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Reality Check: Slednecks in love, 'Alaskan Bush People' are back

  • Author: Emily Fehrenbacher
    | Reality Check
  • Updated: September 28, 2016
  • Published December 24, 2014

It's Christmas -- 'tis the season of giving and family. And we got both from Discovery Channel's "Alaskan Bush People" Christmas special.

You might remember "Bush People" from when they had a bizarre unexplained interaction with their neighbors and left "the Bush" (yes, they had neighbors in the Bush -- it's a strange show). Or when they were charged with PFD fraud. Or simply when they decided to bring cameras into their lives so the world could hear their odd accents and see a family of nine sharing what could barely be called a tent in freezing temperatures and their sons hitting on ladies by asking if they "like to climb trees."

The Christmas special was really more of a 46-minute preview to season two of "Bush People." We did learn a few valuable things about Alaska's weirdest family, though. First, they can have Christmas any day of the year. There was still a cruise ship in Ketchikan, so I'm assuming it was August or September. Second, it's a family tradition to see who can chop through a log fastest. It reminded me of when my parents would challenge me to clean my room before the song "Born to Run" was over as a kid. Third, they love whole chicken in a can. And finally, they only give presents that they find in the wilderness. I think instead of allegedly stealing PFDs, the Browns should just open an Etsy shop of antler combs and homemade lip balm. Seriously.

While Discovery Channel giveth, MTV taketh away. The season finale of "Slednecks" aired on Thursday. The finale "took place" on the "summer solstice," although the crew already celebrated the Fourth of July a few episodes back. And it got dark. And the leaves were turning as they catapulted off a recliner into a lake. And I realize that me pointing out the inaccuracies of the "Slednecks" time continuum is getting old, and I shouldn't notice/care, but I. Just. Can't. Help. It.

I decided to interview Trevor Hash, 24, the helmet-wearing, green-apple-car-freshener guy who got engaged (!?!) in the season finale. I wanted to hear about his experience. After a few days of Twitter direct messaging and some emails with a MTV gatekeeping PR lady, we chatted over the phone.

The first thing to know about this interview is that it happened at 6 a.m. I didn't think someone who drank so heavily and was a self-proclaimed "fungineer" would be awake and coherent at that hour. But Hash was shockingly normal while getting ready for his job working in fiber optic telecommunications.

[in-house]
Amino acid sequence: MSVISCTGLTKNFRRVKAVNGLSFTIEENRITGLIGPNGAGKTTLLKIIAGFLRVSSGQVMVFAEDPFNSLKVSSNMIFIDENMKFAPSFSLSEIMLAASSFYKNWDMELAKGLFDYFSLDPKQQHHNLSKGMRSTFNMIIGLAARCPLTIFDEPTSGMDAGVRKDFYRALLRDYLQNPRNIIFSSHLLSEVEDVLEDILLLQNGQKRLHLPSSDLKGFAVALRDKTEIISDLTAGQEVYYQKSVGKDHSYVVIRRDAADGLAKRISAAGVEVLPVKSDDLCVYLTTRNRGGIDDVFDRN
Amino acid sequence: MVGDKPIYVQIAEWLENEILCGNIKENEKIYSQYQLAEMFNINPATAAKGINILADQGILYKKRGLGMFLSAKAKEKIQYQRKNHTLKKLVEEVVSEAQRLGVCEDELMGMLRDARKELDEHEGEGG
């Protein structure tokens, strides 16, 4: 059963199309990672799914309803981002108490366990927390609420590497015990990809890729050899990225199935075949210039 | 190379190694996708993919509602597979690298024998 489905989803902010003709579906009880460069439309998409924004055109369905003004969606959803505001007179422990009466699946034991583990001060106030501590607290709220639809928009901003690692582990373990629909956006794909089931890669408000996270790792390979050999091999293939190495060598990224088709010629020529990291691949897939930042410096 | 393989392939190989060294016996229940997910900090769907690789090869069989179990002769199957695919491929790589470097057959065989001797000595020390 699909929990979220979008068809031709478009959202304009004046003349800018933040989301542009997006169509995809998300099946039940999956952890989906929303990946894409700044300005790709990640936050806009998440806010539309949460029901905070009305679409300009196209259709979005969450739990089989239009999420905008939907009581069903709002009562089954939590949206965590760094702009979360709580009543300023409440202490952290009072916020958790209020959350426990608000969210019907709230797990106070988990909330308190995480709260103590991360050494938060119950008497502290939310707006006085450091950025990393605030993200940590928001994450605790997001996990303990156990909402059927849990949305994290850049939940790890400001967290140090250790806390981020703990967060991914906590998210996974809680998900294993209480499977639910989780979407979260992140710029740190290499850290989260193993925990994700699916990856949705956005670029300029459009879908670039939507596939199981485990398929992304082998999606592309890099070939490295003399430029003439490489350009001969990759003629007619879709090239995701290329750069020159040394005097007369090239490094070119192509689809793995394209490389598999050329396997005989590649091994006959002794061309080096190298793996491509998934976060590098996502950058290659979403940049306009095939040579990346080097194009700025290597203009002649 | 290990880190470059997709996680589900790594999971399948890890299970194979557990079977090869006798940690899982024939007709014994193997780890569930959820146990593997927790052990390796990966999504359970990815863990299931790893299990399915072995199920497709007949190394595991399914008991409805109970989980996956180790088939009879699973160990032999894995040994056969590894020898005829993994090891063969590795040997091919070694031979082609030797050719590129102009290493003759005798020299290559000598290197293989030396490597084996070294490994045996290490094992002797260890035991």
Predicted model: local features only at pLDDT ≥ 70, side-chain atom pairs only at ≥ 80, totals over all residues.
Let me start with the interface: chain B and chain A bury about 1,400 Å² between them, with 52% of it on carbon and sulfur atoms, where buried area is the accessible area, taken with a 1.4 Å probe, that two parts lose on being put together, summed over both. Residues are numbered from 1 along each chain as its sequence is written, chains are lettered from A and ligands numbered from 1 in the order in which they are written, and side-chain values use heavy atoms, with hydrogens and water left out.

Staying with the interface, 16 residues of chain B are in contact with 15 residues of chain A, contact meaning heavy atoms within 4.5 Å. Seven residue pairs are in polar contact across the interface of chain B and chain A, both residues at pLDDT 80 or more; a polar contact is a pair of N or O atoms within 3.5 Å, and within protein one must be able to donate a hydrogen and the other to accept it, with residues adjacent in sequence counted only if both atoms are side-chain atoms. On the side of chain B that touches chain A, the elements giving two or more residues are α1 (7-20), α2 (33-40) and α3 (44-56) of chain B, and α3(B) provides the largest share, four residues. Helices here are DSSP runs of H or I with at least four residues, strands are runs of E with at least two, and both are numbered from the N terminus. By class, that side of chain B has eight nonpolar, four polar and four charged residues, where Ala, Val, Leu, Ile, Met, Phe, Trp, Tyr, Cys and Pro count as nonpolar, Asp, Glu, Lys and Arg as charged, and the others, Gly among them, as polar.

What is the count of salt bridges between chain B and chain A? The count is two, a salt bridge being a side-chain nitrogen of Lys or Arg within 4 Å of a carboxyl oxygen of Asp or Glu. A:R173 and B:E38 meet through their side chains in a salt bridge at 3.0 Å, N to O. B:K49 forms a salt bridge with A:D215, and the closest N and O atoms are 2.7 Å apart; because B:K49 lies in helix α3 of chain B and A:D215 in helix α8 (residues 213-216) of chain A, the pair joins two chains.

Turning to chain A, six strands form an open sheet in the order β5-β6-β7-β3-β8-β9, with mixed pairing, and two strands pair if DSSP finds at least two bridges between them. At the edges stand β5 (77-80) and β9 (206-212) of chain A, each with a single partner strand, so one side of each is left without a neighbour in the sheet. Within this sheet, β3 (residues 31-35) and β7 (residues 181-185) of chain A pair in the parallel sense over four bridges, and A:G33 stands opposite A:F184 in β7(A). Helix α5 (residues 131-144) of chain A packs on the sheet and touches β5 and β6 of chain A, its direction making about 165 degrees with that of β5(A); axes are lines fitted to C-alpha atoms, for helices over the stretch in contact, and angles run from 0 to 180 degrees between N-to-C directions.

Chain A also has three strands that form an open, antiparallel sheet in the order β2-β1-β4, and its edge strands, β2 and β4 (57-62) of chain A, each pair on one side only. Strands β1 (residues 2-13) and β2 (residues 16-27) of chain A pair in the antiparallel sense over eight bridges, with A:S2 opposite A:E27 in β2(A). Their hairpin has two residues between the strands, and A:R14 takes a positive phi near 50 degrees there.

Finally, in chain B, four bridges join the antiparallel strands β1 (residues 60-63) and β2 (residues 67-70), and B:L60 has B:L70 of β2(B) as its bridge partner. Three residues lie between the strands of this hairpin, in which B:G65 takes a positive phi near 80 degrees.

I found out many valuable answers to my questions: The blue helmet was purchased at a garage sale five years ago. "Best purchase I've made," he said. Leonard, the lovable quote machine, was really his boss for the summer. The reindeer living in his house for two days was legit. "Love is awesome. Picking up poop and pee for two days is terrible," he reflected. And he and Tosca are still dating, in case you were wondering. I asked, "Are you guys engaged for realz?" via Twitter. "For reals with a z," he responded.

Hash went to high school in Anchorage, where he grew up with TV but never had cable, so he hasn't really watched reality TV. He said the reason he decided to do the show is that he wanted an opportunity to do something out of the ordinary.

"My friends were like, 'Trevor, you are finally getting paid to do stuff you regularly do.' And I was like, 'that's fairly accurate.'" He said he actually built some of the stunts you see on the show, but sometimes production would help him with small parts and make sure they were safe.

I asked him about all the hatred for reality TV shows in Alaska, and if he'd experienced any of that. "Oh for sure… I think our show, people hate it! A lot of people are like, 'your show is so scripted and fake.' And I'm like, 'you can't fake being drunk.'"

He said there were bar fights because people didn't like the cameras being there, and sometimes it was even with people he knew from high school. It got to the point where they had to have security guards for the casts and the camera crews.

While I still think "Slednecks" is a dumpster fire, I did appreciate Hash's Taylor Swift-esque "haters gonna hate" attitude towards the whole thing. "Slednecks" has not yet announced another season, but if it happens Hash would be open to it.

Emily Fehrenbacher lives in Anchorage, where she reviews Alaska reality TV and can be reached at (subject line: Reality Check).